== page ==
Baby Boomers are either downsizing or giving up the suburban lifestyle to liv in urban areas that feature more social and cultural opportunities. Others are selling their homes, most of which are mortgage-free, and electing to travel or spend time with their children and grandchildren. Renting offers an opportunity to do all of these things without the obligations that often come with home ownership. Baby Boomers also appreciate the luxurious amenities available in many multifamily properties, luxuries that they couldn’t afford if they were purchasing a single-family home.
From the multiple benefits of investing in multifamily properties like the tax advantages, depreciation, cash flow and a stable investment to the many positive market trends that indicate renting will continue to rise, multifamily investments have become the darling child of investors. There are other benefits as well, including preferential financing rates from lenders and the ability for an investor to build a portfolio of properties faster than with other real estate investments. They all point to multifamily properties as an excellent investment for passive investors. Just be sure to do your due diligence before investing in any property.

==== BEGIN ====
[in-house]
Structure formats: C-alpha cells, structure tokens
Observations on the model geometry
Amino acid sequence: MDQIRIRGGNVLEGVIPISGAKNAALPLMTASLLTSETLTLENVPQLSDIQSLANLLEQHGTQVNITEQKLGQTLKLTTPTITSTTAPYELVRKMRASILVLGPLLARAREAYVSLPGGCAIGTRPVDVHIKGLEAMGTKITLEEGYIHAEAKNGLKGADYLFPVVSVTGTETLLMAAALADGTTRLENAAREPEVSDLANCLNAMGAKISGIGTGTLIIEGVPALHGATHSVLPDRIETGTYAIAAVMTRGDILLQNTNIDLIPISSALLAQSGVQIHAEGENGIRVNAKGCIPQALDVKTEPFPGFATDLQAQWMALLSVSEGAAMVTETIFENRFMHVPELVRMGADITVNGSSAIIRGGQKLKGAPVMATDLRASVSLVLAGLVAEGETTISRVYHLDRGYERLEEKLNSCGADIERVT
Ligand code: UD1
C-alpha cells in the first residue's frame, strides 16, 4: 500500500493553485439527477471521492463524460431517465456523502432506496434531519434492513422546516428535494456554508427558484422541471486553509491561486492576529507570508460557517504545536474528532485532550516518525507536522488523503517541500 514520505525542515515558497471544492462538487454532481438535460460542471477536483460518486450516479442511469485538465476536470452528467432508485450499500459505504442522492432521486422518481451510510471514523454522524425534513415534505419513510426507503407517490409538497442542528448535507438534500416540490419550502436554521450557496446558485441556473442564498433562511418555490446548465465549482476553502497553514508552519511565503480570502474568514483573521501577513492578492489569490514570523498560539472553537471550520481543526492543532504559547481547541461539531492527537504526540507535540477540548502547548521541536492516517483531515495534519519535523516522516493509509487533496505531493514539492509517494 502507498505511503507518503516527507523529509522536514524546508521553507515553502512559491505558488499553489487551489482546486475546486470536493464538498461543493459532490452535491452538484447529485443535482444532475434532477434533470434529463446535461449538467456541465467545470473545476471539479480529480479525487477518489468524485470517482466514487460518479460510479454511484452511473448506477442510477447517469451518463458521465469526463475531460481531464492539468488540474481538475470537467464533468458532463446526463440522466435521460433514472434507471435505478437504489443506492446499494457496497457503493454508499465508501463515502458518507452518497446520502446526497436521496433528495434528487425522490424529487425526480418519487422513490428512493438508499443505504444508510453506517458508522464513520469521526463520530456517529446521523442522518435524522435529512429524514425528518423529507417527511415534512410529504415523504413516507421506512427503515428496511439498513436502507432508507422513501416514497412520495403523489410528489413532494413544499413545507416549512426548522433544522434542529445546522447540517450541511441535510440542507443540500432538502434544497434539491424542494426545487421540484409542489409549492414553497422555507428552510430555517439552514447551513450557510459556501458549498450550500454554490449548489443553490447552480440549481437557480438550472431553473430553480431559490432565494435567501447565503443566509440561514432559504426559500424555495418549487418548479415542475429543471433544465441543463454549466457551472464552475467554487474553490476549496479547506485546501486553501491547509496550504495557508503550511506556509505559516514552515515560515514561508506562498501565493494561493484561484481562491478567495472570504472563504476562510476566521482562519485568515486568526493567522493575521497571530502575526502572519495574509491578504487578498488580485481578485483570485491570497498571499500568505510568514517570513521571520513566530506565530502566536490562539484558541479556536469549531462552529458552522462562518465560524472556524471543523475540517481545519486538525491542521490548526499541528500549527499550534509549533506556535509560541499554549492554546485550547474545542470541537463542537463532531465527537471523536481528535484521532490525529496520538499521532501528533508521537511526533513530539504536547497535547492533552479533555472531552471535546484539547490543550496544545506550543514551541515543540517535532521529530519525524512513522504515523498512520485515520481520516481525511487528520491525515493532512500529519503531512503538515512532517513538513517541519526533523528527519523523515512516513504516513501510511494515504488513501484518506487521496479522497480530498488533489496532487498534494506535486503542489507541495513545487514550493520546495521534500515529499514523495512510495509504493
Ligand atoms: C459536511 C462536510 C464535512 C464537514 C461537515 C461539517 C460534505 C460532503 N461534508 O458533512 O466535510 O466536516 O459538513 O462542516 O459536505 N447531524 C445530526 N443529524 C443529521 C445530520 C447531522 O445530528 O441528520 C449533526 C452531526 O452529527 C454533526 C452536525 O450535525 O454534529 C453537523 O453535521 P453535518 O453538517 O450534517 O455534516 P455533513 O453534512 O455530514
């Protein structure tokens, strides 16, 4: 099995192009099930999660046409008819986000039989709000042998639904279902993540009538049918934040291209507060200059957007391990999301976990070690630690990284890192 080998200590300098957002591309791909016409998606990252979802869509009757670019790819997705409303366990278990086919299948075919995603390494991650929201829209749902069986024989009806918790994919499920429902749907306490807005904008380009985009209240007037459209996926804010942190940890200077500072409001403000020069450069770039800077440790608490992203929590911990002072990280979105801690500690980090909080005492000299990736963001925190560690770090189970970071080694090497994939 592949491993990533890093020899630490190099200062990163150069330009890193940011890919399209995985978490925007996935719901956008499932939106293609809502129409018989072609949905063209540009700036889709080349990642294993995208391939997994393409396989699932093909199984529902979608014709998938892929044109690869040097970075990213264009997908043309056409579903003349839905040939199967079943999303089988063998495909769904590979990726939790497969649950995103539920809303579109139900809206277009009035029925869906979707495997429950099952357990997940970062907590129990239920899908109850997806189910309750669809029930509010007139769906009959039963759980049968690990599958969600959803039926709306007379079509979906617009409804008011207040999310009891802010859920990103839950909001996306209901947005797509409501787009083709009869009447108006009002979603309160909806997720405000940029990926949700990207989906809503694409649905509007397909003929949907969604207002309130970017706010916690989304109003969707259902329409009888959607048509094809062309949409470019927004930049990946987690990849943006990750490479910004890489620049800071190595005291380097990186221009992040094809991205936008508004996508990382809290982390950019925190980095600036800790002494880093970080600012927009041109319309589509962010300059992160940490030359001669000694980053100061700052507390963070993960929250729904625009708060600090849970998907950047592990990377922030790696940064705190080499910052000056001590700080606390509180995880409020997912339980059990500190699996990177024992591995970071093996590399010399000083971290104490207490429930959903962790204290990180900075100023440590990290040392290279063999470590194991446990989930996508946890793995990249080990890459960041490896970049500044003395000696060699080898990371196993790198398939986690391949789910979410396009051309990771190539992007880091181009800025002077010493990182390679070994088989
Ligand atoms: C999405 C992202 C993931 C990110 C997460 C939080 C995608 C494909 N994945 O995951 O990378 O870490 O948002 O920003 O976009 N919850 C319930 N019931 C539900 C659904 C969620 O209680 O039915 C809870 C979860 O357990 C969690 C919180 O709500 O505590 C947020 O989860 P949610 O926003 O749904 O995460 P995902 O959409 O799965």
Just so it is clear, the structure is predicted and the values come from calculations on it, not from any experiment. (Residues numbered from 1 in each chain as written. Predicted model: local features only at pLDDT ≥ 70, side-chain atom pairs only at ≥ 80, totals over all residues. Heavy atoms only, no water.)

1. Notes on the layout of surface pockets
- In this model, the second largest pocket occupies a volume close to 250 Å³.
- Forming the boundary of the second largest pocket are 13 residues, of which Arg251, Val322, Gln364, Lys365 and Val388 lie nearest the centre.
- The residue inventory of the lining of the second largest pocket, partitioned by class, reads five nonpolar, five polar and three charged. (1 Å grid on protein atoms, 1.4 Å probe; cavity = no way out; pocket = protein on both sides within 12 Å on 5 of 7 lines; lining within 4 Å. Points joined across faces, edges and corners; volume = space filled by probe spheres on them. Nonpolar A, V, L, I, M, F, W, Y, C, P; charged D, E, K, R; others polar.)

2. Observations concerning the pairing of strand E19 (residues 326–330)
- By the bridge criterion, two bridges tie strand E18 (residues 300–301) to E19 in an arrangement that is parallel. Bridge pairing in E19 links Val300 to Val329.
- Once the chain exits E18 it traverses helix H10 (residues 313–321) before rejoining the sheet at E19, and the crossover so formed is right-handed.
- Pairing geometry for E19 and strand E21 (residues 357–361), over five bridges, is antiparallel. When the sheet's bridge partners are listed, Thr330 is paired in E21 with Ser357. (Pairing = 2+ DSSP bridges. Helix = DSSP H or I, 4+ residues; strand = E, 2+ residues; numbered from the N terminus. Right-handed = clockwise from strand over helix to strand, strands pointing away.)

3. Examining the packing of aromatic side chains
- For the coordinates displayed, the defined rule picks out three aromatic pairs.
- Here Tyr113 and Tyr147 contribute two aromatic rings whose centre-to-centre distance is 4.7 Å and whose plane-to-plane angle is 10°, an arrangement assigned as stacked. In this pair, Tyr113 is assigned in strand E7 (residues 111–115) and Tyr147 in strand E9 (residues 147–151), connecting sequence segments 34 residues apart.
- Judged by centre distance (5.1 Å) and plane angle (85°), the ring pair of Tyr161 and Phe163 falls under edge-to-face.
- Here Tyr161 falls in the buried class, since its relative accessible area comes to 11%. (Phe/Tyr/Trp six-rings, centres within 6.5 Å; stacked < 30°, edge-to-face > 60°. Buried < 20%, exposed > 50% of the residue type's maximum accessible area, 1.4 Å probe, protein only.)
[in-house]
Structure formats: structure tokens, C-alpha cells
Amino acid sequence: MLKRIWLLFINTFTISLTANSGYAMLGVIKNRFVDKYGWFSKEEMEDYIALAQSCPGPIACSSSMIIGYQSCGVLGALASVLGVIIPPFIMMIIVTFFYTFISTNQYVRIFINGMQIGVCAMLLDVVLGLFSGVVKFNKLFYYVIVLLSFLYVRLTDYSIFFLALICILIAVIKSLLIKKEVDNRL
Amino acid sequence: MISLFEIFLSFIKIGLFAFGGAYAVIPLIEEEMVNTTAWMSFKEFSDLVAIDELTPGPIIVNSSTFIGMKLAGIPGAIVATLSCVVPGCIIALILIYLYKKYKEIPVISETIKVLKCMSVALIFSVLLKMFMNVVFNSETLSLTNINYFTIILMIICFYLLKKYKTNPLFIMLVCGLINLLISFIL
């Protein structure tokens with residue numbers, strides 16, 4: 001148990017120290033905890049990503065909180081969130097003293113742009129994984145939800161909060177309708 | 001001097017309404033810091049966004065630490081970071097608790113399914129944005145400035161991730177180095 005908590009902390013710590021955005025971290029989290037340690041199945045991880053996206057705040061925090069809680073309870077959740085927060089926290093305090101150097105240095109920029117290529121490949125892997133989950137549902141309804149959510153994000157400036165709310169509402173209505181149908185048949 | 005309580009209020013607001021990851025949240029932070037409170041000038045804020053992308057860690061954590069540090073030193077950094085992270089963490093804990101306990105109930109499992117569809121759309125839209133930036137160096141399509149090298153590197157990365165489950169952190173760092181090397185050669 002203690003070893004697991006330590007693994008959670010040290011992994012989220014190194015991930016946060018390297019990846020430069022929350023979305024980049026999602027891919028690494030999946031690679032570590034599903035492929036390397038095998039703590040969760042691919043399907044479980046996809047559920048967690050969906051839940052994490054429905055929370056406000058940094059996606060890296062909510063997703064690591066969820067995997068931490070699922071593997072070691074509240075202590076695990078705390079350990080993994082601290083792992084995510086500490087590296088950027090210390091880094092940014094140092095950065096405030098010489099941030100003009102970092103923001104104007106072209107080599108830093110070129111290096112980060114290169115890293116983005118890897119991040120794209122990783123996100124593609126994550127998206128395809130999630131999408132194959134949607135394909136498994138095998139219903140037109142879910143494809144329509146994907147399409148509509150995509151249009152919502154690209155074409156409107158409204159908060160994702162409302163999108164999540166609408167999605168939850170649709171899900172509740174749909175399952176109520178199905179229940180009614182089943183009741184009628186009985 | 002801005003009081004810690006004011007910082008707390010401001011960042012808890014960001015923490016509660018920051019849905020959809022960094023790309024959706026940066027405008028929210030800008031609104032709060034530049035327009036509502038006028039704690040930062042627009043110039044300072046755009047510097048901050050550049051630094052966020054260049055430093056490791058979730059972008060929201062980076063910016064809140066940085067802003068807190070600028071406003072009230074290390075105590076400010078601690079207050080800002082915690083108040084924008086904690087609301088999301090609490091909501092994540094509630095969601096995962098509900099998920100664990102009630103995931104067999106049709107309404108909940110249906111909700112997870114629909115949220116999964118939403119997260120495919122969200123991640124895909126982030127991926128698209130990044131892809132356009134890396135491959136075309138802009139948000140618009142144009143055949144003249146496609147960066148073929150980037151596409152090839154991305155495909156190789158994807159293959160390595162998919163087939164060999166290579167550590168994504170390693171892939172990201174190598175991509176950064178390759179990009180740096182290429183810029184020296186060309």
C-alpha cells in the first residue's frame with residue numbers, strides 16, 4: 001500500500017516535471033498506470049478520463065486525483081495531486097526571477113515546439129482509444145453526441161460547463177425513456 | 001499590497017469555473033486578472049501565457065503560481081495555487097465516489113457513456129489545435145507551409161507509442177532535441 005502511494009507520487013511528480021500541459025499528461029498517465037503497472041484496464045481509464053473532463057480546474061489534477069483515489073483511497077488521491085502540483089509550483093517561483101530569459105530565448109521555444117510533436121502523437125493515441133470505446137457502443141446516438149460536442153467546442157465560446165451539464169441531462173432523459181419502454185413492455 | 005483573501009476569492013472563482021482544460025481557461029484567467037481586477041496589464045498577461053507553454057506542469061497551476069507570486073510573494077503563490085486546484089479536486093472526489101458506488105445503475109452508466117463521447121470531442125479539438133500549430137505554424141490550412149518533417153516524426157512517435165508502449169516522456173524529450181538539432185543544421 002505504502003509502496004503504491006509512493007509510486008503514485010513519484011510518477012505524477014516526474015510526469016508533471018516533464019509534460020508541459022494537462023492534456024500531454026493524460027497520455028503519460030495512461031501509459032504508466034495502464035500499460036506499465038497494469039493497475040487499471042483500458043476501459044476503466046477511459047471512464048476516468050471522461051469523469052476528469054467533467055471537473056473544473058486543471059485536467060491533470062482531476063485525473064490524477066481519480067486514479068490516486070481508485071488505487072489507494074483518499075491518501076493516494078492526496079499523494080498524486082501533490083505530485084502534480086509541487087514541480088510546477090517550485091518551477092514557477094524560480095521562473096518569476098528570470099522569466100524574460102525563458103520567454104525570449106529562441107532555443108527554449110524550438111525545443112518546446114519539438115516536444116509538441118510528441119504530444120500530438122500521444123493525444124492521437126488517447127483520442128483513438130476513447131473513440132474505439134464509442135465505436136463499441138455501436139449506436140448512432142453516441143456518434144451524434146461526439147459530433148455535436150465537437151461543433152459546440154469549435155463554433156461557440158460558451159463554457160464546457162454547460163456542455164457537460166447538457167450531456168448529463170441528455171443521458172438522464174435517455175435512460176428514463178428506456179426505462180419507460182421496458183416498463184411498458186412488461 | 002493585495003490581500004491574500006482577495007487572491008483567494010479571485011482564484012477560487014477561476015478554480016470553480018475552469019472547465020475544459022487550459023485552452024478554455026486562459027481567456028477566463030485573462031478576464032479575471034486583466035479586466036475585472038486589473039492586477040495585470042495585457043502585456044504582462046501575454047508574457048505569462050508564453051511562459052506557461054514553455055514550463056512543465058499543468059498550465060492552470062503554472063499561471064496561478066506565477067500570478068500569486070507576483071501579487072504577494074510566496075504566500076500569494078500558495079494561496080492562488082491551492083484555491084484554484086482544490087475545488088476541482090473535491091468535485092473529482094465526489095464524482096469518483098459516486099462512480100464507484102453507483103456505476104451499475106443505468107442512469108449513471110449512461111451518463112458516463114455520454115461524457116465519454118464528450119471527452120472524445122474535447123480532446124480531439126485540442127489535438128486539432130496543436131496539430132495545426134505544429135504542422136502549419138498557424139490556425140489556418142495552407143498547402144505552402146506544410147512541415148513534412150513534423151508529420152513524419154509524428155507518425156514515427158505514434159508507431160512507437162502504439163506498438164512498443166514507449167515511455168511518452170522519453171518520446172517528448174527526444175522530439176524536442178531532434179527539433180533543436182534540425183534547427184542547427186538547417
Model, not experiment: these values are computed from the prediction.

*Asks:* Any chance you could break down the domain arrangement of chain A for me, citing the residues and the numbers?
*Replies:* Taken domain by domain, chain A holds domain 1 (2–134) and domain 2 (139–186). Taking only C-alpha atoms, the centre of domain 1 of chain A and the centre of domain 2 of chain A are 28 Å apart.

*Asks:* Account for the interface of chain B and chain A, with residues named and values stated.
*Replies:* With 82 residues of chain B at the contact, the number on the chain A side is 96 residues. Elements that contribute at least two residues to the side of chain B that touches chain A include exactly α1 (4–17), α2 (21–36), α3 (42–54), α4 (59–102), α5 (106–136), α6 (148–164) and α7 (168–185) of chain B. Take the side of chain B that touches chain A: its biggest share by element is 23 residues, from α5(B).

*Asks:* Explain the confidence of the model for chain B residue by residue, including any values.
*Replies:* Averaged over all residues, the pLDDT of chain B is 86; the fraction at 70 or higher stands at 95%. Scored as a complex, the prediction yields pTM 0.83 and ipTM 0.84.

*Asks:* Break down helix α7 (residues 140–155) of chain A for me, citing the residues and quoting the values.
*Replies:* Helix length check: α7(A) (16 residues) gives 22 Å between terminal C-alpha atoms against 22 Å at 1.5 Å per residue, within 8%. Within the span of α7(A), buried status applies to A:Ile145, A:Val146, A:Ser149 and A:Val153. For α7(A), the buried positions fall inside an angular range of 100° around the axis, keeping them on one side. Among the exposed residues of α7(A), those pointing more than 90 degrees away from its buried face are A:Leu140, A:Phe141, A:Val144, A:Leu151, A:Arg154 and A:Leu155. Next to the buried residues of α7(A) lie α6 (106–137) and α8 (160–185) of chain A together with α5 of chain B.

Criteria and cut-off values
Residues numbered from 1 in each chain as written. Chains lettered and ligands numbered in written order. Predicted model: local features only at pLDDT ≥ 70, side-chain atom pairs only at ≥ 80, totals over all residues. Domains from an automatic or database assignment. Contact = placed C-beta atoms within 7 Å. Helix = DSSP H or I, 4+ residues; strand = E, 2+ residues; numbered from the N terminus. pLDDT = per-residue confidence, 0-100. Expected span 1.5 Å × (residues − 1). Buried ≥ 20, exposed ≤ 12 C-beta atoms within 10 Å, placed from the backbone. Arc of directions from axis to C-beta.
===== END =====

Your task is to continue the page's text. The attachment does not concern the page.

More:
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About the Author
Ellie is the founder of Blue Lake Capital, a real estate company specializes is multifamily investing throughout the United States. At Blue Lake Capital, Ellie helps investors grow their wealth and achieve double-digit returns by investing alongside her in exclusive multifamily deals they usually don't have access to.
Ellie is the host of Unbelievable Real Estate Stories, a podcast that shares true stories from within the industry, and the critical lessons learned, from the most successful real estate investors, innovators, developers, and more from around the globe!
She started her career as a commercial real estate lawyer, leading real estate transactions for one of Israel’s leading development companies. Later, as a property manager for Israel’s largest energy company, she oversaw properties worth over $100MM. Additionally, Ellie is an experienced entrepreneur who helped build and scale companies by improving their business operations.
Ellie holds a Masters in Law from Bar-Ilan University in Israel and an MBA from MIT Sloan School of Management.